php - Strict Standards: Declaration of ' ' should be compatible with ' '

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Top 5 Answer for php - Strict Standards: Declaration of ' ' should be compatible with ' '

vote vote

91

WC_Payment_Gateway is defined in abstract-wc-payment-gateway.php and declares a method

function process_payment() {} 

while WC_Gateway_BACS defines it as

function process_payment( $order_id ) { ... 

(maybe you mixed up WC_Payment_Gateway and WC_Payment_Gateways).

So, different signature (0 parameters vs 1 parameter) -> strict error.
Since it seems* to be used always with one parameter you could change

function process_payment() {} 

to

function process_payment($order_id) {} 

(*) keep in mind I know of woocommerce only since the last five minutes, so don't take my word for it.

vote vote

89

Quote from PHP Manual

In PHP 5 a new error level E_STRICT is available. Prior to PHP 5.4.0 E_STRICT was not >included within E_ALL, so you would have to explicitly enable this kind of error level in >PHP < 5.4.0. Enabling E_STRICT during development has some benefits. STRICT messages >provide suggestions that can help ensure the best interoperability and forward >compatibility of your code. These messages may include things such as calling non-static >methods statically, defining properties in a compatible class definition while defined in >a used trait, and prior to PHP 5.3 some deprecated features would issue E_STRICT errors >such as assigning objects by reference upon instantiation.

You are receiving this error because WC_Gateway_BACS::process_payment() declaration is different than WC_Payment_Gateway::process_payment() (might be not the same amount of parameters etc). If WC_Payment_Gateway has no method process_payment, check it's parent class :)

Also, if you want to disable STRICT errors, add ^ E_STRICT to your error reporting configuration, for example:

error_reporting(E_ALL ^ E_STRICT); 
vote vote

80

if you wanna keep OOP form without turning any error off, you can also:

class A {     public function foo() {         ;     } } class B extends A {     /*instead of :      public function foo($a, $b, $c) {*/     public function foo() {         list($a, $b, $c) = func_get_args();         // ...      } } 
vote vote

61

When you are using the same function in a parent class and a child class, but the child class needs parameters while the parent one not, you'll get the Strict Standards error.

Example

Manager:

public function getAtPosition($position) {     foreach ($this->getList() as $obj)     {         if ($obj->getPosition() == $position)             return $obj;     }      return null; } 

MenuManager extends Manager:

public function getAtPosition($position, $parent) {     foreach ($this->getList() as $m)     {         if ($m->getParent() == $parent && $m->getPosition() == $position)             return $m;     }      return null; }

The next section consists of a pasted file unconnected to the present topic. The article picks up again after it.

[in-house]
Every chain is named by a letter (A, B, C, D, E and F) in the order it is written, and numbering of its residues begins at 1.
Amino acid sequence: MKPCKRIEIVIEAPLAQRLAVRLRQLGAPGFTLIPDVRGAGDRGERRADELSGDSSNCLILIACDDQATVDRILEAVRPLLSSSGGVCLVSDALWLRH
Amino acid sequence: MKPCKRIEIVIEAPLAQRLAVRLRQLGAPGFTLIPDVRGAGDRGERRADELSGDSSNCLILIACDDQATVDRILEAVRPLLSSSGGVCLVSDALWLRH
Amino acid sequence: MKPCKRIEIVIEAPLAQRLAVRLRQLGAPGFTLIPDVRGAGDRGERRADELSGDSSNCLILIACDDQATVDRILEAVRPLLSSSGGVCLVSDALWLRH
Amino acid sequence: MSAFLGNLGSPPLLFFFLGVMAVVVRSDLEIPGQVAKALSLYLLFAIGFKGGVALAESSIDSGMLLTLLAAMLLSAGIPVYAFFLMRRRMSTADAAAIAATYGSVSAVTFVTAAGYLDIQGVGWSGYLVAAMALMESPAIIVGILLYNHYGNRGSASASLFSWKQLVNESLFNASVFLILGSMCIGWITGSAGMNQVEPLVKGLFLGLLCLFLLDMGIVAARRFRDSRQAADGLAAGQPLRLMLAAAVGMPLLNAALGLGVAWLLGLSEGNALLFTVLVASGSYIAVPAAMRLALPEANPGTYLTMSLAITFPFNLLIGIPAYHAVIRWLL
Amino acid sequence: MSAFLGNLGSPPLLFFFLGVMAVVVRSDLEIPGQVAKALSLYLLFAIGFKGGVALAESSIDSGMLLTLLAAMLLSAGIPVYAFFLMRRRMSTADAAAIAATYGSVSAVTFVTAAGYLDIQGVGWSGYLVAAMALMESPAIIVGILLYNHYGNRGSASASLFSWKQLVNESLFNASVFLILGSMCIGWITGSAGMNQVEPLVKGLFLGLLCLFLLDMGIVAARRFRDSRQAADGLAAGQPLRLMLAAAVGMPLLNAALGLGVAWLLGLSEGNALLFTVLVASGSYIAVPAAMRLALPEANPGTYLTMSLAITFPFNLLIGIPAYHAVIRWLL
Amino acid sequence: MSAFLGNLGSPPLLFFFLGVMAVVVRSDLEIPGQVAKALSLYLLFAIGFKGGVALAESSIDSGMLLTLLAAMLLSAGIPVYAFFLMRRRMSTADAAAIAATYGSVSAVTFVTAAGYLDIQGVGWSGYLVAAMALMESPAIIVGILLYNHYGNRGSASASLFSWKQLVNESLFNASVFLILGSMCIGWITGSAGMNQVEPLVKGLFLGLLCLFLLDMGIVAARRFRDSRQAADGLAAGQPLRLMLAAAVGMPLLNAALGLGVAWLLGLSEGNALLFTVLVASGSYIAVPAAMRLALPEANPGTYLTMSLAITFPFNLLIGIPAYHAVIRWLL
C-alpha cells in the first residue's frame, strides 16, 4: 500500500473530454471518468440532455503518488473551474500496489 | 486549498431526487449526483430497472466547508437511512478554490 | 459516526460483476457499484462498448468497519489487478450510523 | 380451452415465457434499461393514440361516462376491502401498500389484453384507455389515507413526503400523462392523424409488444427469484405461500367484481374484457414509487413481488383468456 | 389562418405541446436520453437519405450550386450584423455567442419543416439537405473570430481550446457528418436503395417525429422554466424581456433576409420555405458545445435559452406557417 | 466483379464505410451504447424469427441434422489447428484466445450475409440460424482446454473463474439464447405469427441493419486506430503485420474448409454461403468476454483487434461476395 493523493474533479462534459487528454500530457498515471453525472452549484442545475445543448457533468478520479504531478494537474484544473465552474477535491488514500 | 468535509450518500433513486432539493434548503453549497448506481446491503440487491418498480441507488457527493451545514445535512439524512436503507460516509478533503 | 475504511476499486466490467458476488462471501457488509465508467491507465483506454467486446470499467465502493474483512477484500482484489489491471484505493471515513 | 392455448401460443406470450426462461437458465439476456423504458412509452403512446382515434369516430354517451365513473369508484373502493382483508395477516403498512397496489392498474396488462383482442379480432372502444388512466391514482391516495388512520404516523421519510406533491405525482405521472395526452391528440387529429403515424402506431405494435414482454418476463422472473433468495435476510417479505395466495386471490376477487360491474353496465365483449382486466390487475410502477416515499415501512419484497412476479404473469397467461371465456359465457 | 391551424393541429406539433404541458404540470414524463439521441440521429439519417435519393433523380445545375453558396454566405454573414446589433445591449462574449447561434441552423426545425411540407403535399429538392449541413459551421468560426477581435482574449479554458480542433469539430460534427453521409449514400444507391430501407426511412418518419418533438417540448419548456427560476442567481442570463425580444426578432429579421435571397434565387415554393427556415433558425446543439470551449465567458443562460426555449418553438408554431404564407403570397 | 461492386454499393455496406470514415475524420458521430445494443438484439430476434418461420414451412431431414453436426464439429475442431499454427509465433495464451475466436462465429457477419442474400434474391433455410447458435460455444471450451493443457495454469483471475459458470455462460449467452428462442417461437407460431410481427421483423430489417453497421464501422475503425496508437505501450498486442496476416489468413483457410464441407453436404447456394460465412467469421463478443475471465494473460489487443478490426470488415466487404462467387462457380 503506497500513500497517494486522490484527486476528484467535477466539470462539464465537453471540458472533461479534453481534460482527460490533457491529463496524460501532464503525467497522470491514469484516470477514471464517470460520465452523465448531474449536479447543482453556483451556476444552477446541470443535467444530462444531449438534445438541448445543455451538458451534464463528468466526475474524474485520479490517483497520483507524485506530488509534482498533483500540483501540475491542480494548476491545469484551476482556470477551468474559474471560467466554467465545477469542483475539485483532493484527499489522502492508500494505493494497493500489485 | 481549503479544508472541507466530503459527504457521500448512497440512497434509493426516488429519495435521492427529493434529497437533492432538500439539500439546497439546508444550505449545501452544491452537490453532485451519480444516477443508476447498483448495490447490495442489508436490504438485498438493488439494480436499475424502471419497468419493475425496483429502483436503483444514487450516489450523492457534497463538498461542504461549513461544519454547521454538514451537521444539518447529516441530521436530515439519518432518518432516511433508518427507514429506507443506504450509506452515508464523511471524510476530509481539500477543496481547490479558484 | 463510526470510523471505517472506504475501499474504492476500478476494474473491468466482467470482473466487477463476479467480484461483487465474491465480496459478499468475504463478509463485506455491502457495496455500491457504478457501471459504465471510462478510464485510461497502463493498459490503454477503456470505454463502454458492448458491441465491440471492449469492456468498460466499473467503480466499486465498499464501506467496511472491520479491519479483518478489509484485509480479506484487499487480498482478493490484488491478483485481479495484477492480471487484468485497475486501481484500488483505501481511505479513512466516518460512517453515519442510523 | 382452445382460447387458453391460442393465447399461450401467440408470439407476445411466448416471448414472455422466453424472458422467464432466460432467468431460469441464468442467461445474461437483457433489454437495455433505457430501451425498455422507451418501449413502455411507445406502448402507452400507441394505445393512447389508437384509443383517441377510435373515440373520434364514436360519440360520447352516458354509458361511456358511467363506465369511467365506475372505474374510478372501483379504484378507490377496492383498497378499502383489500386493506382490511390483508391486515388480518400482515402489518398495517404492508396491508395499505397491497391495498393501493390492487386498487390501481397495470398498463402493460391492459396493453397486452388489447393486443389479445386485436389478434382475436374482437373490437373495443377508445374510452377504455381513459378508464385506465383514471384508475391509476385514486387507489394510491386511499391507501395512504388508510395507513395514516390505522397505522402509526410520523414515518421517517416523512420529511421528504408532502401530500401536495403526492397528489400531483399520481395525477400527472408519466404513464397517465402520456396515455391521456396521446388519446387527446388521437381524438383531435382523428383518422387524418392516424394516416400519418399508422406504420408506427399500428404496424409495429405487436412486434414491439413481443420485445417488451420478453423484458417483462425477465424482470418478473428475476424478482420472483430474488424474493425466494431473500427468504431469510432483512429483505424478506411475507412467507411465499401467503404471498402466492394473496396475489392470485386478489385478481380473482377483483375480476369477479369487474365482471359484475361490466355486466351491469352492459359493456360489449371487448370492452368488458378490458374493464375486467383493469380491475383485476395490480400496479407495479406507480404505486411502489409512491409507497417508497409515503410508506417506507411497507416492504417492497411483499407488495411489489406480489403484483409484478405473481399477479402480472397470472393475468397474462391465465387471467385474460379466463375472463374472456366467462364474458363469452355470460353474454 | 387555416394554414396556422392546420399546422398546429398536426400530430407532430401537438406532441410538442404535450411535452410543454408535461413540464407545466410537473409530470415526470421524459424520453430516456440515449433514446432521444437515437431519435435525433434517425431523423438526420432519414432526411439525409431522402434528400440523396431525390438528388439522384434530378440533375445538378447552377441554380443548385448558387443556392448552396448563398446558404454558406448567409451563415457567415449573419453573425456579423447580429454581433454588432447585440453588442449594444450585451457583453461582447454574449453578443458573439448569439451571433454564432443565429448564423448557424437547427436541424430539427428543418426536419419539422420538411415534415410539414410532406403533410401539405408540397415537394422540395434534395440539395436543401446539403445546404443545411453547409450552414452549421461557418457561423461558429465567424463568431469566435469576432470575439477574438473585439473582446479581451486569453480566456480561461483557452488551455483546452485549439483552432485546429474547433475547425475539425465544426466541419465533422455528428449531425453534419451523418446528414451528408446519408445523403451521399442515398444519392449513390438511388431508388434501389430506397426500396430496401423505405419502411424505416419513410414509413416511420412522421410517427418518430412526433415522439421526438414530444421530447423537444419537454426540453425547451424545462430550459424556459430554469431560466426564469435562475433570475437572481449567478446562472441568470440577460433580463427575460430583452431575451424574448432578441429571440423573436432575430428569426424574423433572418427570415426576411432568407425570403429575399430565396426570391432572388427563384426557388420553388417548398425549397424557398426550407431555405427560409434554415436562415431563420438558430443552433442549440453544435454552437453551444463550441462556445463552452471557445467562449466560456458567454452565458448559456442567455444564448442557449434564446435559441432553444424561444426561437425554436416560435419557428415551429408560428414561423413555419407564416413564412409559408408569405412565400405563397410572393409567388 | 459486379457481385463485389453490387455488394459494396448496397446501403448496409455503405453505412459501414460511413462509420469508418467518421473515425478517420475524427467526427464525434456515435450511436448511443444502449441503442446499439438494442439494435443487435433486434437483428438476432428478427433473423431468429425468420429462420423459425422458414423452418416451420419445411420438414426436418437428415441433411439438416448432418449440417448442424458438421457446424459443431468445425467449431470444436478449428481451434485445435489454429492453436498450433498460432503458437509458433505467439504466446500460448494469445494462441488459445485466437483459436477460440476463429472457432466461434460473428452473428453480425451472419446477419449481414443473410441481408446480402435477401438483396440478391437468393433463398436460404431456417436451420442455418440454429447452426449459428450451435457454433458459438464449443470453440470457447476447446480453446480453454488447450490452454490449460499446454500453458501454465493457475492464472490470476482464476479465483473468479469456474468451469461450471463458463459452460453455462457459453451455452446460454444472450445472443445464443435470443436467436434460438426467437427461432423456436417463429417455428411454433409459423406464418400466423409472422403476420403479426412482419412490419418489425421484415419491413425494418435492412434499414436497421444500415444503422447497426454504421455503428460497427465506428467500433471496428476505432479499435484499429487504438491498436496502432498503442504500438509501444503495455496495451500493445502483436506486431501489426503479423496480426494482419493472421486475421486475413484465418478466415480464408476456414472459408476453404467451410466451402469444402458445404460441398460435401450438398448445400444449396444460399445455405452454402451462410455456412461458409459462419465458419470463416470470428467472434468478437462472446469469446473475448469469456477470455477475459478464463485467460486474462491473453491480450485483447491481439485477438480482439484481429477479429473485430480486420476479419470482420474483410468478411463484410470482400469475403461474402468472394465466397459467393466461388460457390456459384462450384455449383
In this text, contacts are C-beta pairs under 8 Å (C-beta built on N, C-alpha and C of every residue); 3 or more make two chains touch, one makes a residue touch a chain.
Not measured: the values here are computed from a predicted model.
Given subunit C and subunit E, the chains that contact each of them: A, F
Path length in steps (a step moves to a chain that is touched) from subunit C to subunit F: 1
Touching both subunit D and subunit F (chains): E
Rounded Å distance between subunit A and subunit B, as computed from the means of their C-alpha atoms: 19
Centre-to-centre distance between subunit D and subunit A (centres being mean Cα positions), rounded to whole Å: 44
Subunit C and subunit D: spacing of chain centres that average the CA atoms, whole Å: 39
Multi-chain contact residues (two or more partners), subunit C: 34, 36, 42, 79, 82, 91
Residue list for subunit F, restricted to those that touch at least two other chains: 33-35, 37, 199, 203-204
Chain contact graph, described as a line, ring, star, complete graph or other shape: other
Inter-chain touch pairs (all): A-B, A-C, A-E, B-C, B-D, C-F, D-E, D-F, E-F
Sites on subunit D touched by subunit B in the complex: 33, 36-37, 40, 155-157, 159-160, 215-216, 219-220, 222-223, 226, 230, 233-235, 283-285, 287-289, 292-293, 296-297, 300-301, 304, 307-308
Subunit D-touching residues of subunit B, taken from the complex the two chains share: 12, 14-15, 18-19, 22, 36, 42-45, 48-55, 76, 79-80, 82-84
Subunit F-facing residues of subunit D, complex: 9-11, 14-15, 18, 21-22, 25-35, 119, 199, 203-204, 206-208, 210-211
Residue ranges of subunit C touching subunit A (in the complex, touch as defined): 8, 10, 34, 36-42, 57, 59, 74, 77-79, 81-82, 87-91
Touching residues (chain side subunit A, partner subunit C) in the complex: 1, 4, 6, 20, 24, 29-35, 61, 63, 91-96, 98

This example will generate an error:

Strict standards: Declaration of MenuManager::getAtPosition() should be compatible with Manager::getAtPosition($position)

Because we don't have the same arguments to the function, so let's trick this and add arguments, even though we're not using them!

Manager:

public function getAtPosition($position, $dummy = 0) // Dummy to avoid Strict standards errors {     foreach ($this->getList() as $obj)     {         if ($obj->getPosition() == $position)             return $obj;     }      return null; } 

MenuManager extends Manager:

public function getAtPosition($position, $parent = 0) {     foreach ($this->getList() as $m)     {         if ($m->getParent() == $parent && $m->getPosition() == $position)             return $m;     }      return null; } 

Only one to be careful is that when using getAtPosition() from MenuManager.class.php, be sure you are actually sending 2 parameters, as we have to declare $parent = 0 in order to match the parent's declaration.

Every class extending Manager and not containing getAtPosition() will use the method from Manager.

If declared in a child class, php will use the method from the child class instead of the parent's one. There is no overloading in PHP, so that is how I worked around it until it is properly implemented.

vote vote

51

Here is a better answer - https://stackoverflow.com/a/9243127/2165415

for example,
parentClass::customMethod($thing = false) and
childClass::customMethod($thing)
so, when you call customMethod() for the class, it may trigger the error, because the child's method hasn't defined a default value for the first argument.

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